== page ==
October 18, 2019
How to Kill a Video Collaboration Pilot
Keep away from these easily avoidable mistakes to ensure that your video project won’t just survive — it will thrive.
Most organizations that invest in a new video collaboration system are looking for a way to connect teams in different offices, enable remote work and bring a level of personalization and collaboration to their users that simply isn’t possible with voice-only communication. But if you’re interested in not achieving any of those benefits, then this is the guide for you!
Obviously, I’m joking. But the serious truth is that many organizations really do make a number of easily avoidable mistakes that thwart their video collaboration initiatives and prevent them from getting maximum value out of their investments. By recognizing these missteps, business and IT leaders can avoid them and set their own video collaboration environments up for success.
Here are five surefire ways to tank a video collaboration effort:
Deploy Clunky Hardware
Many of today’s software-based video collaboration solutions allow organizations to select and deploy whatever cameras, video displays and other hardware they want. That’s great, but if an organization opts for extremely basic equipment — which may perform poorly and be difficult to use — those choices can kill a video pilot before it has even had a chance to get off the ground. If you don’t deploy the right hardware to support videoconferencing, end users will be frustrated, and many will simply not employ the solution.
Skip Call-Back Features
Audio is, arguably, the most important component of a video collaboration system. (If you can’t hear what people are saying, it really doesn’t matter how clearly you can see their faces.) One way to ensure crisp audio is to opt for the call-back feature offered by most video collaboration vendors. With this feature, users can have the system call their phones, ensuring that the connection happens through a public switched telephone network, which typically produces clearer sound than audio connections through the IT network. Call-back features also create a frictionless experience for users, as they automatically sync users’ video and audio, and also prevent employees from having to enter long access codes to join a meeting. But because this feature costs extra, many organizations skip it. That’s a mistake.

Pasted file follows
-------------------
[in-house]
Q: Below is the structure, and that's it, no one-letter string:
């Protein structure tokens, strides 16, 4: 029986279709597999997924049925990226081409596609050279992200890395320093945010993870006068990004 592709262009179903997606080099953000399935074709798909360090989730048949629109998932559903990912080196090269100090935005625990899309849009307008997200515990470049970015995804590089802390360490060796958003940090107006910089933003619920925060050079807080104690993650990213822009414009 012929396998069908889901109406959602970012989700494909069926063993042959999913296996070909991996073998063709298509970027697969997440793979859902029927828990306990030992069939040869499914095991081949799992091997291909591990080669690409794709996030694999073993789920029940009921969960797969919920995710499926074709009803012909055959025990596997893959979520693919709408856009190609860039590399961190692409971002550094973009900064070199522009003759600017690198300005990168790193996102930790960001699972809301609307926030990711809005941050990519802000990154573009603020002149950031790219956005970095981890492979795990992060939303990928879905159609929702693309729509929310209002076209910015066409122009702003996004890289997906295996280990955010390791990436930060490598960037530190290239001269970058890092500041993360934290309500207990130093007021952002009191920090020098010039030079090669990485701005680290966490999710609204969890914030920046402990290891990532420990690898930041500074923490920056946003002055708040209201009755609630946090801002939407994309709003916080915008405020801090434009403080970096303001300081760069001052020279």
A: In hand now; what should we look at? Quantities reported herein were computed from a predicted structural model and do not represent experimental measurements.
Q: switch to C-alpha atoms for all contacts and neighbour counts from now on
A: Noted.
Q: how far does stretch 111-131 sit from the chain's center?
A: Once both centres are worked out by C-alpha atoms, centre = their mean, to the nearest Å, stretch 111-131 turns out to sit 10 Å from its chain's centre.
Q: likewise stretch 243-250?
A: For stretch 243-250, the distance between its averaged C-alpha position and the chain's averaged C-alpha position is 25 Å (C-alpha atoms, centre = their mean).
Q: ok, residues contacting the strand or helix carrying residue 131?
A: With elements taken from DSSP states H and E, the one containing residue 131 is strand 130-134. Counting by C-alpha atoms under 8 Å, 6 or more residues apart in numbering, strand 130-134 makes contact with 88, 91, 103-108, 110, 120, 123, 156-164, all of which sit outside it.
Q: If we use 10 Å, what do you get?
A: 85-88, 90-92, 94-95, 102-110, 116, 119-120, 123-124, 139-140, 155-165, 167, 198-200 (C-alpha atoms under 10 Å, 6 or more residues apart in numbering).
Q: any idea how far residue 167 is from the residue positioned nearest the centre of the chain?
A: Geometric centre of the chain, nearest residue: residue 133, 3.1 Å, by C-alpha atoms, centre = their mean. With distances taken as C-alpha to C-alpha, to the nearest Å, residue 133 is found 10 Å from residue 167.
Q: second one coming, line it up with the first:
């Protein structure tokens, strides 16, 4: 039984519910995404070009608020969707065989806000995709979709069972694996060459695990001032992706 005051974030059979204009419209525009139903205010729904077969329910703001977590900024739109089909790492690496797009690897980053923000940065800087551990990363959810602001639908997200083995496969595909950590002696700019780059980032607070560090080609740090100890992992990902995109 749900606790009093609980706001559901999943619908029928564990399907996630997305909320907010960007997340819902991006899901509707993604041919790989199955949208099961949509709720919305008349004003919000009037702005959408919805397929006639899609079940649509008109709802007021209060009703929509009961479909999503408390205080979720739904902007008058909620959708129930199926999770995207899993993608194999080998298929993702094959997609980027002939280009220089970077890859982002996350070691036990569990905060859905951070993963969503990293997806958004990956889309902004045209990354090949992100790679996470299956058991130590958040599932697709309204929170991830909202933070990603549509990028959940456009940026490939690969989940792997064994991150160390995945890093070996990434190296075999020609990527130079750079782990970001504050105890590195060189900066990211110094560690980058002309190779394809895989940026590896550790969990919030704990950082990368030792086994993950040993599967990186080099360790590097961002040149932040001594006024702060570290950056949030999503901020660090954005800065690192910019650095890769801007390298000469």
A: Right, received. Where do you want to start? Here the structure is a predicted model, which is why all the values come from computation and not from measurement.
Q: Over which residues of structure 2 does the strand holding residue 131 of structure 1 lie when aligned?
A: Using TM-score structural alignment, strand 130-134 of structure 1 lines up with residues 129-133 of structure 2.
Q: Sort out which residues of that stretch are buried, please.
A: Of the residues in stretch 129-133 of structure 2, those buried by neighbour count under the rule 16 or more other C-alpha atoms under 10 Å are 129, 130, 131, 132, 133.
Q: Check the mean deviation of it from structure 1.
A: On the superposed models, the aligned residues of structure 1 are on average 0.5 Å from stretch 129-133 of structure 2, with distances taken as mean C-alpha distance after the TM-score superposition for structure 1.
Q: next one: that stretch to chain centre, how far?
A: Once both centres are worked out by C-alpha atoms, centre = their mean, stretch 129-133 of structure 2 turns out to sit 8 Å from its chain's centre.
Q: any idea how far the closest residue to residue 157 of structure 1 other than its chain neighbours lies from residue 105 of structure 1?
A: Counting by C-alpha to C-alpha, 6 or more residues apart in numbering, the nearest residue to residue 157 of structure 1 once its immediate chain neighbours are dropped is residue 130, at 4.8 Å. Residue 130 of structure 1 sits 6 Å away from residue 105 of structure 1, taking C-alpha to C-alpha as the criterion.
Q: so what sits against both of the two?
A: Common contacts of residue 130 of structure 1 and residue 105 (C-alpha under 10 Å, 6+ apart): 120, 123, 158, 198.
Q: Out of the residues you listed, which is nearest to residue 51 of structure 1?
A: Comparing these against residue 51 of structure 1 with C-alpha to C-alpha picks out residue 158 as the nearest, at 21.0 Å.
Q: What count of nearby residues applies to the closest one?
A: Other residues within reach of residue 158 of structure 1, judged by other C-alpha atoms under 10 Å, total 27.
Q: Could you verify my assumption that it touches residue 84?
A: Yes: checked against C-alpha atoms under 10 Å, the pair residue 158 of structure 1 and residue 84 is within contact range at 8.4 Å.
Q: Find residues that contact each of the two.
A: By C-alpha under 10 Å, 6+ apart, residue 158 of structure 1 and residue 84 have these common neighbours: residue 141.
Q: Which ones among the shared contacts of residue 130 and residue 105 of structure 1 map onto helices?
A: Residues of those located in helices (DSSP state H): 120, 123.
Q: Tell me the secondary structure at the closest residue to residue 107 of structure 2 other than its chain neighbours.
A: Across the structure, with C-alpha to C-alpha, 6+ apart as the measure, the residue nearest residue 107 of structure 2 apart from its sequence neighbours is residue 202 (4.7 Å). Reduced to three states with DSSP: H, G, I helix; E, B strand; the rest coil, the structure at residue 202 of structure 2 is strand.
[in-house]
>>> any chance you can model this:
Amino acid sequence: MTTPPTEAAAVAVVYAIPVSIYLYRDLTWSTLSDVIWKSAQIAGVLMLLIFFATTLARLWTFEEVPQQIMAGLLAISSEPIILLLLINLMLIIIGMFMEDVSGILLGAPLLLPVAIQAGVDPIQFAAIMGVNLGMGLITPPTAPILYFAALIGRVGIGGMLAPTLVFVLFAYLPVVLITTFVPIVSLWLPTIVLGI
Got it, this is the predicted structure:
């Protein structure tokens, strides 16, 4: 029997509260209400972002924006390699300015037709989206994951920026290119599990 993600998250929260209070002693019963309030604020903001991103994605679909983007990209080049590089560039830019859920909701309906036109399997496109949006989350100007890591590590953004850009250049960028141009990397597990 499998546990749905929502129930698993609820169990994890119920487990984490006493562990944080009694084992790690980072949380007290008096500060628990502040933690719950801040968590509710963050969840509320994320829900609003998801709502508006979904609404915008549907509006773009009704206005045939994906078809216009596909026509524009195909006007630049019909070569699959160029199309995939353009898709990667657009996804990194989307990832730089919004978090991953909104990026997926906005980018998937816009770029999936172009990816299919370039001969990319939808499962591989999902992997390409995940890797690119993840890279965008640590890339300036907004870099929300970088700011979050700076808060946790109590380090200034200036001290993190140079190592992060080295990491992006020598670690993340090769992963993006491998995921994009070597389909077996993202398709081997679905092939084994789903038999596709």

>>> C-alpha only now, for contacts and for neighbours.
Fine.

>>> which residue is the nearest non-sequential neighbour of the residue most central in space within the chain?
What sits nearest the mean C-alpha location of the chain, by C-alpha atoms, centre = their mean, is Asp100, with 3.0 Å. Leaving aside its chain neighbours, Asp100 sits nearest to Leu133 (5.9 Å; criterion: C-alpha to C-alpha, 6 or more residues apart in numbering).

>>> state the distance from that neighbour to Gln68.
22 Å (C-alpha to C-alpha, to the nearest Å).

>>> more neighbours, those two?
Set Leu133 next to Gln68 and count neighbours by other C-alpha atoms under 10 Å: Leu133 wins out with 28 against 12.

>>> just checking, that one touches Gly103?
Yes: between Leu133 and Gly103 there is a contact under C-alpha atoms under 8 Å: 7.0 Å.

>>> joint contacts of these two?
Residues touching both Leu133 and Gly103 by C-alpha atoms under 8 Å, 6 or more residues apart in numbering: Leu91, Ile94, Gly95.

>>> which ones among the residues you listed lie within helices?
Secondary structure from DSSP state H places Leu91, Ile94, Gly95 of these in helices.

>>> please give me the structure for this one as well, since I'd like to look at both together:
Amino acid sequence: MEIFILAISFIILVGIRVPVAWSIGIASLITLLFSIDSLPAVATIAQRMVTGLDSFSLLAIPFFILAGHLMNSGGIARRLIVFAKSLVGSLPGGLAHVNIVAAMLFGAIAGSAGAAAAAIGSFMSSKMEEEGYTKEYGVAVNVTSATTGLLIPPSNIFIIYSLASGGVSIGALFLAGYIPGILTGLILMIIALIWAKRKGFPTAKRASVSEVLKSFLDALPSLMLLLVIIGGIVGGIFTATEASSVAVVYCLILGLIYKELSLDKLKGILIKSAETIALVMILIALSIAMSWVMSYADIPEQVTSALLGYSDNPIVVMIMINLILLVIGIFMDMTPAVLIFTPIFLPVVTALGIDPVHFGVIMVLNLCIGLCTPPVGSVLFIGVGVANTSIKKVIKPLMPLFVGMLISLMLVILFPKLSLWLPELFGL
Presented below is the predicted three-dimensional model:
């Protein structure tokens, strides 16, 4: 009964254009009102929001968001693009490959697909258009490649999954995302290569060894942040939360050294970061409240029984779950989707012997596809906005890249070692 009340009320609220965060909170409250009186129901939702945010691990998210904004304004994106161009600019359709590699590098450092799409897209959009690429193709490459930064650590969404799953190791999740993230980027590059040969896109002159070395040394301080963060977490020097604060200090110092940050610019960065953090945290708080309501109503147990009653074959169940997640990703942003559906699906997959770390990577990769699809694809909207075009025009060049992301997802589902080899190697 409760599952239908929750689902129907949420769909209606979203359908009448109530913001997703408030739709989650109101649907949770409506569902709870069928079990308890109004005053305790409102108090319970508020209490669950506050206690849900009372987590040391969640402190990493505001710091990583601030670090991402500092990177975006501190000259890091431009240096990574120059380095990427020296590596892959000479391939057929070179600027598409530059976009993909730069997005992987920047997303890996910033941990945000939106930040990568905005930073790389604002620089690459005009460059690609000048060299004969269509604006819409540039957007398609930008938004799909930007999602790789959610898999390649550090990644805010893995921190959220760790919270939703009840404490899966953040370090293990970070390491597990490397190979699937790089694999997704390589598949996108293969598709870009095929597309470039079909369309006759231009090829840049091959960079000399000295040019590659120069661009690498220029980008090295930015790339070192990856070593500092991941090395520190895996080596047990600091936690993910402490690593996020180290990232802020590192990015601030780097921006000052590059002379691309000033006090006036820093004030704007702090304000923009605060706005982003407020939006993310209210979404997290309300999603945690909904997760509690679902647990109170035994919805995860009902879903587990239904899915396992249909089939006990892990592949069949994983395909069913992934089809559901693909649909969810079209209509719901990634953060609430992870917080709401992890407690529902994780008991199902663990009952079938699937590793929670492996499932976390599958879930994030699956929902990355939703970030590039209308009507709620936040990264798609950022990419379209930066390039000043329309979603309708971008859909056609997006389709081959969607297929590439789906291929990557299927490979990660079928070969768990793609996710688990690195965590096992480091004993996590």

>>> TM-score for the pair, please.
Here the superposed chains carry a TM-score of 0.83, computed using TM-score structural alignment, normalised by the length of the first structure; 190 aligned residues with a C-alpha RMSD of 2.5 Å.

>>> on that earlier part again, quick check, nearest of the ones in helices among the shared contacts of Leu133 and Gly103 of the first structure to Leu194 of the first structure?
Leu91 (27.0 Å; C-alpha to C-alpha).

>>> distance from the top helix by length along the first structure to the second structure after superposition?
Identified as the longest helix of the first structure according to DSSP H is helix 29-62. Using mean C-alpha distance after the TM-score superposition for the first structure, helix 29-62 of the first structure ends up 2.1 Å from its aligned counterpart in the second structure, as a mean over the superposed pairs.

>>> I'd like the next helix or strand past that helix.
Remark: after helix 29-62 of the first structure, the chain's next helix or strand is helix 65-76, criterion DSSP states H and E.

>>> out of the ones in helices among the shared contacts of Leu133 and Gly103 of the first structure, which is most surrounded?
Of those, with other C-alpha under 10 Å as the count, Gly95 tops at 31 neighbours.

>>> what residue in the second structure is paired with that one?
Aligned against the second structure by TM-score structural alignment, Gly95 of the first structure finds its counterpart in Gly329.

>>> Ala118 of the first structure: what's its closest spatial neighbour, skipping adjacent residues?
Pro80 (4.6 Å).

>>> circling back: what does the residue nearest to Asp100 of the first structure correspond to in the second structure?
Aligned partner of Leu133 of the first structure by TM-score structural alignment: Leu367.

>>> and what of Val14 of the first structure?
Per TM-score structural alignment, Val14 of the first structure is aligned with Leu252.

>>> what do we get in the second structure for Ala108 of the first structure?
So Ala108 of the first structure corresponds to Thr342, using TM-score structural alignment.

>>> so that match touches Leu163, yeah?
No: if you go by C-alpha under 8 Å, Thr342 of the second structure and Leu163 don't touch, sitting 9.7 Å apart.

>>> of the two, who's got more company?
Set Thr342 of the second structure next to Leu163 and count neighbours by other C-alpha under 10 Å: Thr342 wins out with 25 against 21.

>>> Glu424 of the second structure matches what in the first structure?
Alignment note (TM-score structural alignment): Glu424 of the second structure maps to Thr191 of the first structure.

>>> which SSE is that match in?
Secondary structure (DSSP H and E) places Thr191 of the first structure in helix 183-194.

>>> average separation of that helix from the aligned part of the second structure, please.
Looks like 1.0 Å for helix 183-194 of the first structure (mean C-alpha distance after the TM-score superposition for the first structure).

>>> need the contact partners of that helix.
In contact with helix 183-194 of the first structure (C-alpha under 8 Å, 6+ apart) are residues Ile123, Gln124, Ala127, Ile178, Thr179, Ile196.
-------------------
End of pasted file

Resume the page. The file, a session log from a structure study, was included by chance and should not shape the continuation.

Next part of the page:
Treat Every Conference Room the Same
Smaller conference rooms need wide-angle cameras because users will likely be sitting close to the lens. Larger rooms, on the other hand, may require cameras that can pan, tilt and zoom to automatically follow the action. These larger rooms may also require more microphones, along with noise-canceling technology. Putting the wrong tools in the wrong rooms will lead to a subpar user experience.
Fail to Align Policy with Technology
There’s little point in supporting video collaboration for users who already work face to face each day. If a company doesn’t already have a policy in place to encourage remote work, the deployment of a video system provides a prime opportunity to adopt one. Remote work can improve employee satisfaction (and even productivity) and can also provide a powerful incentive for workers to quickly become expert users of a video collaboration system.
Don’t Get Company Leaders on Board
This is a big one. I’ve seen companies spend large sums on video collaboration systems, only to hold video meetings where executives dial in on audio alone (perhaps due to uncombed hair or the fact that they haven’t yet changed out of their pajamas). Often, these same leaders will spend an entire day traveling to meet with someone in person, and yet they aren’t spending the few minutes necessary to prepare for a video call. When this happens, employees throughout the organization get the message that video collaboration isn’t important, and that they don’t need to use it. If you’re looking to kill your video collaboration initiative, there’s no faster way.